All five production wells in the Tamar field would be fully operational by January 2013, said Lawson Freedman, Noble’s Vice President for the Eastern Mediterranean, at the Israel Energy and Business Convention 2012 held in Tel Aviv on 28-29 October. But despite this step forward, the failure of the Israeli Land Development Company-led (ILDC Energy) consortium to find any gas in the Sara and Myrah license blocks has been a blow for the emerging industry, especially after the $150mn outlay.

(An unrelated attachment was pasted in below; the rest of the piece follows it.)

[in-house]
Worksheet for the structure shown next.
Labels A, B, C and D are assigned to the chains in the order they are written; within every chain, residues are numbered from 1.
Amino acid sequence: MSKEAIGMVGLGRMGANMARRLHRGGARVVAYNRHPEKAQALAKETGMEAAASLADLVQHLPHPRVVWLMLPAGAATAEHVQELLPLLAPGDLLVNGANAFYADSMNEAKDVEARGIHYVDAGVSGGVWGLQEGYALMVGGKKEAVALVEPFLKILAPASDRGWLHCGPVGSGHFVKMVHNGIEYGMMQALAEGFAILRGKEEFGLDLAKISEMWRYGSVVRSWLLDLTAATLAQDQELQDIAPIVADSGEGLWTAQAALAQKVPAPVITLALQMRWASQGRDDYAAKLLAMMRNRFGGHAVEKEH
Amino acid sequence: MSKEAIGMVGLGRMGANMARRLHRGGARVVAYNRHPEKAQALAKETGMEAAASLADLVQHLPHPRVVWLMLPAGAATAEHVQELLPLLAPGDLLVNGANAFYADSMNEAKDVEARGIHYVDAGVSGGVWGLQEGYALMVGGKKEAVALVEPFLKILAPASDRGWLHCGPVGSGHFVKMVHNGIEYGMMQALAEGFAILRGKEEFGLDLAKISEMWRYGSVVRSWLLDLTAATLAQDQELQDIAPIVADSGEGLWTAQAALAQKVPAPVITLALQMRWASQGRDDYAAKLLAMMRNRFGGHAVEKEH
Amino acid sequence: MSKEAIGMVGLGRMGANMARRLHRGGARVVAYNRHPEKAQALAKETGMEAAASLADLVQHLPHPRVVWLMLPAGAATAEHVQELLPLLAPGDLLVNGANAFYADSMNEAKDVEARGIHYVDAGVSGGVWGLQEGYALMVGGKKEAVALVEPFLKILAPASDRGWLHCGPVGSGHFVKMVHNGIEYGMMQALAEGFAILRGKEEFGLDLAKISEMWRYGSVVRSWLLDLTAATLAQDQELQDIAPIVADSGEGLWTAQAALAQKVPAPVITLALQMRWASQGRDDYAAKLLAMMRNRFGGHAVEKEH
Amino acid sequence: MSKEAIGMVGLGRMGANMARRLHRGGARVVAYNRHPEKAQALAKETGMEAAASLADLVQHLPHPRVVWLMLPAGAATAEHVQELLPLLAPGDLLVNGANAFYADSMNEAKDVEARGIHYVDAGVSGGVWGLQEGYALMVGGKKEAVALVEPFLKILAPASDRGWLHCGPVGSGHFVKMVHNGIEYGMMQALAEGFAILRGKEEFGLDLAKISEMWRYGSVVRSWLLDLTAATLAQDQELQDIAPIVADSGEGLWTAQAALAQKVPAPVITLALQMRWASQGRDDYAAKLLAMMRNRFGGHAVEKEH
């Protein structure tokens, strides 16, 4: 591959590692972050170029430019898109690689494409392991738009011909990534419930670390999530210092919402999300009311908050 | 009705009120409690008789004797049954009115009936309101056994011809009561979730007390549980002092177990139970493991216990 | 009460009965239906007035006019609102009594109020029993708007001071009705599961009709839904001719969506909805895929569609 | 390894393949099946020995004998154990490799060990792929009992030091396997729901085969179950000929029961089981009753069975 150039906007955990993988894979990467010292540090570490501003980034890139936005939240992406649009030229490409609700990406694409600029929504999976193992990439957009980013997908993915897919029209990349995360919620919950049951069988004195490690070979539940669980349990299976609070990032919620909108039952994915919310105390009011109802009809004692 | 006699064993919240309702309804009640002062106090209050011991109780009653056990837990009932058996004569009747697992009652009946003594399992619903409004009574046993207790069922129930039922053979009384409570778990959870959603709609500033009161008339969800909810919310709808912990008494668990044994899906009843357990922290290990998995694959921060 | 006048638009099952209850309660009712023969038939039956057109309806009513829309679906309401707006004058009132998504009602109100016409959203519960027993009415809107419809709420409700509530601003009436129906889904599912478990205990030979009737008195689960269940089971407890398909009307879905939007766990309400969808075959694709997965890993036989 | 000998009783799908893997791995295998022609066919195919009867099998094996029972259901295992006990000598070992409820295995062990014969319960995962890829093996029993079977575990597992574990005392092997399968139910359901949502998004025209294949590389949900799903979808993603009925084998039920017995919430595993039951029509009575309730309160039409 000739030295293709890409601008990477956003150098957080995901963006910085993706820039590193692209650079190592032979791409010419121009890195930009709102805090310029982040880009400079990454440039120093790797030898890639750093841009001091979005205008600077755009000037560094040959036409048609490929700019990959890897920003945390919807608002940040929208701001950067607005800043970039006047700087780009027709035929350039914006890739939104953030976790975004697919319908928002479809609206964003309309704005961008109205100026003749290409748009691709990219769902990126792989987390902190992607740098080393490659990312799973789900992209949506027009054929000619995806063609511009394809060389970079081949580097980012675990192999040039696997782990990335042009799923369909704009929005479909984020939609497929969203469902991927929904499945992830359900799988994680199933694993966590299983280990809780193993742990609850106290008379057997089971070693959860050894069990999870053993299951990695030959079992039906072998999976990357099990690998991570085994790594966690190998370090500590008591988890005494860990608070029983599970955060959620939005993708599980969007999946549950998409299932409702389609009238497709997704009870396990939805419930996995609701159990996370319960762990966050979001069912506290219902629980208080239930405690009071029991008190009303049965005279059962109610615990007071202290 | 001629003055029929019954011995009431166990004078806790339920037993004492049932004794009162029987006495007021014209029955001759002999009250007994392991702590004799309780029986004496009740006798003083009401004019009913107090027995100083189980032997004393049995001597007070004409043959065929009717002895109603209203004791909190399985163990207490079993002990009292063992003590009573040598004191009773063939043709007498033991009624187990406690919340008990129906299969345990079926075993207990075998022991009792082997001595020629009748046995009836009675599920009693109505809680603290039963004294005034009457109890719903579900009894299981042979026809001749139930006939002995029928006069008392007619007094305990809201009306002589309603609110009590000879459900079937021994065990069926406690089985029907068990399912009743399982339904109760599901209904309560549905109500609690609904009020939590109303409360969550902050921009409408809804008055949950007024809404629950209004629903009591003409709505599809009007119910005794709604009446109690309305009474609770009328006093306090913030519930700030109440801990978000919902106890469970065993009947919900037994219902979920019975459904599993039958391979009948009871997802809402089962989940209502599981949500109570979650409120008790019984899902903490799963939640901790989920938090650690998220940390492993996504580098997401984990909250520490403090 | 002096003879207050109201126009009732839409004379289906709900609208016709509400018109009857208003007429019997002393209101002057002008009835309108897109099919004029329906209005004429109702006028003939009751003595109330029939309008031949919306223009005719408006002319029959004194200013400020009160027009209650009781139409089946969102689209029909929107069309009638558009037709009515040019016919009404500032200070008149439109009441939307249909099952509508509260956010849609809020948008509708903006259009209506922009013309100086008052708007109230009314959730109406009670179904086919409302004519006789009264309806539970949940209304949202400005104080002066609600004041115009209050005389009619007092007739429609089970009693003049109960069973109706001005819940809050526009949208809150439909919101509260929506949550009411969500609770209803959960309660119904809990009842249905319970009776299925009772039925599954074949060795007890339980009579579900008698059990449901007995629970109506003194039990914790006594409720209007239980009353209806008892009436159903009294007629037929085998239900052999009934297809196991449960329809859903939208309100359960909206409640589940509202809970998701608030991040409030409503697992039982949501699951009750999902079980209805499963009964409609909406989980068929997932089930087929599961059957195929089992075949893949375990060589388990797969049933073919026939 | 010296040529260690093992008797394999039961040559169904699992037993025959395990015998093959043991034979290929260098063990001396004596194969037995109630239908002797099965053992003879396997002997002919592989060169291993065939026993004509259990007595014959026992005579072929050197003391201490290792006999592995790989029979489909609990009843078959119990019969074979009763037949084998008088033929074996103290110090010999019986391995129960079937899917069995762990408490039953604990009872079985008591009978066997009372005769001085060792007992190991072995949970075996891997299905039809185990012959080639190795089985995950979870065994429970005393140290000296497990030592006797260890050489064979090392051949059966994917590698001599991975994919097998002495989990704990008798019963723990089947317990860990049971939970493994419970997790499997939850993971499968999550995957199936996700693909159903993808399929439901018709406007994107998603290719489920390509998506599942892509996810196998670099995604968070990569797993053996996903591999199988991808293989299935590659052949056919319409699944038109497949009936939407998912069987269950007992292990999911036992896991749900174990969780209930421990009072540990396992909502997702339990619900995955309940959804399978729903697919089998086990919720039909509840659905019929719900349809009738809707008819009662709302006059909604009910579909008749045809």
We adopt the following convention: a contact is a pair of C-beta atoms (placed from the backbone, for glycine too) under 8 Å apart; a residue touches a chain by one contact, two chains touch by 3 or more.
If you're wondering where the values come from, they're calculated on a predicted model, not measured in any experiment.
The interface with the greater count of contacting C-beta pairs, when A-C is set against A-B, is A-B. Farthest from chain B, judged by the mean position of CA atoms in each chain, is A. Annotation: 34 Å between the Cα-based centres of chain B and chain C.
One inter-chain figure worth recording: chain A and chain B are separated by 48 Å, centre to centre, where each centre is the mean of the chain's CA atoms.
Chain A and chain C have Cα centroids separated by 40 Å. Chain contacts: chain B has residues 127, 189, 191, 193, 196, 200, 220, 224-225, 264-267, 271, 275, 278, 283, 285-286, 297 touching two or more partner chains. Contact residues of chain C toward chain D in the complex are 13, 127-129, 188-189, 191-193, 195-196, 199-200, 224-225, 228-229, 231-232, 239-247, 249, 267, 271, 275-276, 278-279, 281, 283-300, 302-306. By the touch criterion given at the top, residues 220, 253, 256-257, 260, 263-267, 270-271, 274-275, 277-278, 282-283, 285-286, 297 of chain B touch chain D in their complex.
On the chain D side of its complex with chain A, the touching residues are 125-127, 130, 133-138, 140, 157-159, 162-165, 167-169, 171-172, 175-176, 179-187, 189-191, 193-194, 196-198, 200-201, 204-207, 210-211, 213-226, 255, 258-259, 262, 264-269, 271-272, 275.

The fields were considered by many to be a ‘safe bet’ – the consortium had shot detailed seismic over the offshore area in June 2011, a year before the drilling begun on the Myrah block. The results indicated a high probability (between 50-90%) of as much as 6.5 trillion cubic feet (tcf) or 182bn cubic meters (bcm) of natural gas and 150mn barrels of oil. Ofer Nimrodi, the Israeli tycoon who owns ILDC and controls 42% of the Sara and Myrah consortiums, was sufficiently confident to persuade his partners and South Korea’s Daewoo to sign a memorandum of understanding (MOU) on hydrocarbon exports. But while the principal shareholders of the consortium, ILDC and Modiin, saw their share prices tumble 61% and 46% respectively a day after the Sarah dry well was announced, the development needs to be seen in context. (CONTINUED - 1009 WORDS)